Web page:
In sum, this cutoff of CETA funds fits the plain congressional intent with respect to language Sec. 1578 as a "final order ... not to award ... financial assistance." Congress's decision to continue committing such matters to review only in the courts of appeals under the JTPA suggests a preference for limiting avenues of review of funding disputes. Nothing in CETA, the JTPA, or the legislative histories indicates that this preference should not be observed for a cutoff of all "financial assistance" under CETA. Further, the actions of the Secretary challenged in this lawsuit seem no less amenable to review in the court of appeals than reviews with more elaborate "administrative records," which appellant agrees would be covered by Sec. 817, and by analogy would be covered by Sec. 1578.

For these reasons, we hold that judicial review of this dispute over CETA funding is committed to the court of appeals by 29 U.S.C. § 1578(a). We therefore Affirm the judgment dismissing appellant's complaint.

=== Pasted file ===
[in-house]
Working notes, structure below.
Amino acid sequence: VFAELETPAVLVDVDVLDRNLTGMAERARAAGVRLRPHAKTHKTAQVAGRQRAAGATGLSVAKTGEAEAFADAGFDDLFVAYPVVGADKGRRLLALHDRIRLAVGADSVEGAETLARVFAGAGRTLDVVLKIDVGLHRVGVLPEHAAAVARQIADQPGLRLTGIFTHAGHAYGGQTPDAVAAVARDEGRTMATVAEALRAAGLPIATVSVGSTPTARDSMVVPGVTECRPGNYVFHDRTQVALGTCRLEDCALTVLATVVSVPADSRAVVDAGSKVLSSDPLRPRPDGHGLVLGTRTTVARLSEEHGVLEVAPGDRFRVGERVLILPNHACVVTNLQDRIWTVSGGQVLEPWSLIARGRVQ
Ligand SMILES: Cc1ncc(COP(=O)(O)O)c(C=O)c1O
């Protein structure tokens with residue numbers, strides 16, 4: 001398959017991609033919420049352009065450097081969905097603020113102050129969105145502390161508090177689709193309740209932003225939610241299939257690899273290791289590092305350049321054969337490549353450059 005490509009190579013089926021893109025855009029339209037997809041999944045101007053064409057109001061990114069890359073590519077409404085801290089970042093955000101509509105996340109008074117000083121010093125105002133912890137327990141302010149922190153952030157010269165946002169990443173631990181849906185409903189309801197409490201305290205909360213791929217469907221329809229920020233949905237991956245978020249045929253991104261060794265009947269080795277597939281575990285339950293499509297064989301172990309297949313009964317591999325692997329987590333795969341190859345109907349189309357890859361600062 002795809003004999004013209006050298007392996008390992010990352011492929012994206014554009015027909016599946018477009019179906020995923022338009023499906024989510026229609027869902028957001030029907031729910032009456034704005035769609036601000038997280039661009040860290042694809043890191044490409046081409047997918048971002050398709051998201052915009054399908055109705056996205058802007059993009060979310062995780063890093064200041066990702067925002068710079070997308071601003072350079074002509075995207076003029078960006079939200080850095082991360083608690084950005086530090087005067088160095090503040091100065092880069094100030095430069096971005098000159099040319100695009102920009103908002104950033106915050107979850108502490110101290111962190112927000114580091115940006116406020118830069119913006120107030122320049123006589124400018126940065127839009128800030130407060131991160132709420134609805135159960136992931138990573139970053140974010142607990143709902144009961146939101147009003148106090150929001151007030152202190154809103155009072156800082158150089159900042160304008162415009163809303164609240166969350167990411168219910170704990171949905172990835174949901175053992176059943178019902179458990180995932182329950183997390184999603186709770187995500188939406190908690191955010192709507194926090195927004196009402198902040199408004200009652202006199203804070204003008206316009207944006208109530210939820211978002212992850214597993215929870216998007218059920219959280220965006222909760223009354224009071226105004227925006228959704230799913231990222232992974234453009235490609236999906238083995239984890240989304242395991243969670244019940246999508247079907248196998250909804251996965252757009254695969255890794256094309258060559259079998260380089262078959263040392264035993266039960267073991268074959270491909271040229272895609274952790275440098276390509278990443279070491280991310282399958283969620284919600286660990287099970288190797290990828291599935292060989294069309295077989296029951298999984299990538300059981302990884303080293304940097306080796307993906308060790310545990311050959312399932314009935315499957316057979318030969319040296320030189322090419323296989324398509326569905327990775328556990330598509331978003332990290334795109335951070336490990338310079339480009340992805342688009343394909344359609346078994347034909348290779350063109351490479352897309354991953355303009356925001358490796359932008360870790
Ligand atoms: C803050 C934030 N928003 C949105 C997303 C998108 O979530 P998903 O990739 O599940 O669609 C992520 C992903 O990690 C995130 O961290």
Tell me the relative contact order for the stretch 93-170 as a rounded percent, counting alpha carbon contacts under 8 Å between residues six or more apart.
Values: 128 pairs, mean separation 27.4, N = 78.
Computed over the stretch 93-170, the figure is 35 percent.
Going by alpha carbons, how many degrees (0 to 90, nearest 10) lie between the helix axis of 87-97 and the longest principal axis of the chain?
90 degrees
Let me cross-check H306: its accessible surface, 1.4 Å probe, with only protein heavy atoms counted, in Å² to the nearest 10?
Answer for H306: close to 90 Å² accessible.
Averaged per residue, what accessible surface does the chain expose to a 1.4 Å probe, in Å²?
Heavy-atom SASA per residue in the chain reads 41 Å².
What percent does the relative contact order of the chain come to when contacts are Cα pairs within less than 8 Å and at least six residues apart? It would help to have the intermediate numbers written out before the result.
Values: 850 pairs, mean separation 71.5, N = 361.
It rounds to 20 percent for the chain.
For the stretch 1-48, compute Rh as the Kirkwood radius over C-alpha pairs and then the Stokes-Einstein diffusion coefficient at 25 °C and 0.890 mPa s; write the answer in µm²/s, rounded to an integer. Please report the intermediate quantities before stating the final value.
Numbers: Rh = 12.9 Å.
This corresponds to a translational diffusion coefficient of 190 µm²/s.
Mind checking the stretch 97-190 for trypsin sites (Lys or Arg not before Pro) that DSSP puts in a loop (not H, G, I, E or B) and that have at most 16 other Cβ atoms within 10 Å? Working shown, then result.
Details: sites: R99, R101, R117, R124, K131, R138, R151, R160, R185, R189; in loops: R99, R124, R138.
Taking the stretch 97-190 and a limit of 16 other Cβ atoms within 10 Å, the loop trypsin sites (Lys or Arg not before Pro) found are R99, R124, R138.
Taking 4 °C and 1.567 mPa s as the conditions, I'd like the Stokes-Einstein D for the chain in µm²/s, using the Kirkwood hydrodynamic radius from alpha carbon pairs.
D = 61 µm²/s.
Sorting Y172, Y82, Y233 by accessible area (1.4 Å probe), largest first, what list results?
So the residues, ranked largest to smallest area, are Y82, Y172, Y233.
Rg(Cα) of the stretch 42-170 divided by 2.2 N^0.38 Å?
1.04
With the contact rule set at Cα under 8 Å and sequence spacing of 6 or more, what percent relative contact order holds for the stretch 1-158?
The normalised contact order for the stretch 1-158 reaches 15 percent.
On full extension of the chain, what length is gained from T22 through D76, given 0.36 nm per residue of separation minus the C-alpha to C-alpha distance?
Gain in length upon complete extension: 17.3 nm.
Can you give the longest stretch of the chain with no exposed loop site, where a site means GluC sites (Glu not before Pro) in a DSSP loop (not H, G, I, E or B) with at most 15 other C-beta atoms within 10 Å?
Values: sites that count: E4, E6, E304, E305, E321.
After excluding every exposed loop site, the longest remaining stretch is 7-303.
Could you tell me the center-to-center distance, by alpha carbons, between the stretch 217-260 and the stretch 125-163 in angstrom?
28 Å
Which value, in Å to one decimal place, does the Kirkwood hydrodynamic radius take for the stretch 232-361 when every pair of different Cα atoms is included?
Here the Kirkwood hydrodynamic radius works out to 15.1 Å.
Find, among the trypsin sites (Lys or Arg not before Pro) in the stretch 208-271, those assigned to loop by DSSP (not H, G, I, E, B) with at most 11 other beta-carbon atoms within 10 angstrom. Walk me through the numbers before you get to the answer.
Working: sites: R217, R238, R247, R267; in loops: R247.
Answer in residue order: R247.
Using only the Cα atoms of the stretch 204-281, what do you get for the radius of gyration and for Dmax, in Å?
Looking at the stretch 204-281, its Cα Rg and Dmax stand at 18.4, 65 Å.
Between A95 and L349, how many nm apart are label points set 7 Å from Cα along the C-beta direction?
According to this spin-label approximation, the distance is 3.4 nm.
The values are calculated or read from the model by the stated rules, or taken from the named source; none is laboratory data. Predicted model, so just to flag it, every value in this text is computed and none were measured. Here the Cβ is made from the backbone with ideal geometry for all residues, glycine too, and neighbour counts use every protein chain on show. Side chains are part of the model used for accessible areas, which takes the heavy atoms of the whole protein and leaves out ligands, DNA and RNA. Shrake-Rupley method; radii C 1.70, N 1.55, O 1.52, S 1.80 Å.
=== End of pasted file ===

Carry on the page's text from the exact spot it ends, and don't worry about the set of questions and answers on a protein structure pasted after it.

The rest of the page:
See Act of October 13, 1982, Pub. L. No. 97-300, Title I, Sec. 184(a) (1), 96 Stat. 1357 (1982)


Since the Secretary concedes that the publication requirements of CETA and the APA were not met, we assume that he would likewise agree that any applicable publication requirements in the JTPA were not met. E.g., 29 U.S.C. § 1572(b) & (d). We express no view on whether publication under any of these sections was required


Although we decide this case under Sec. 1578 of the JTPA, it is our view that the same result would obtain under Sec. 817 of CETA, as the district court decided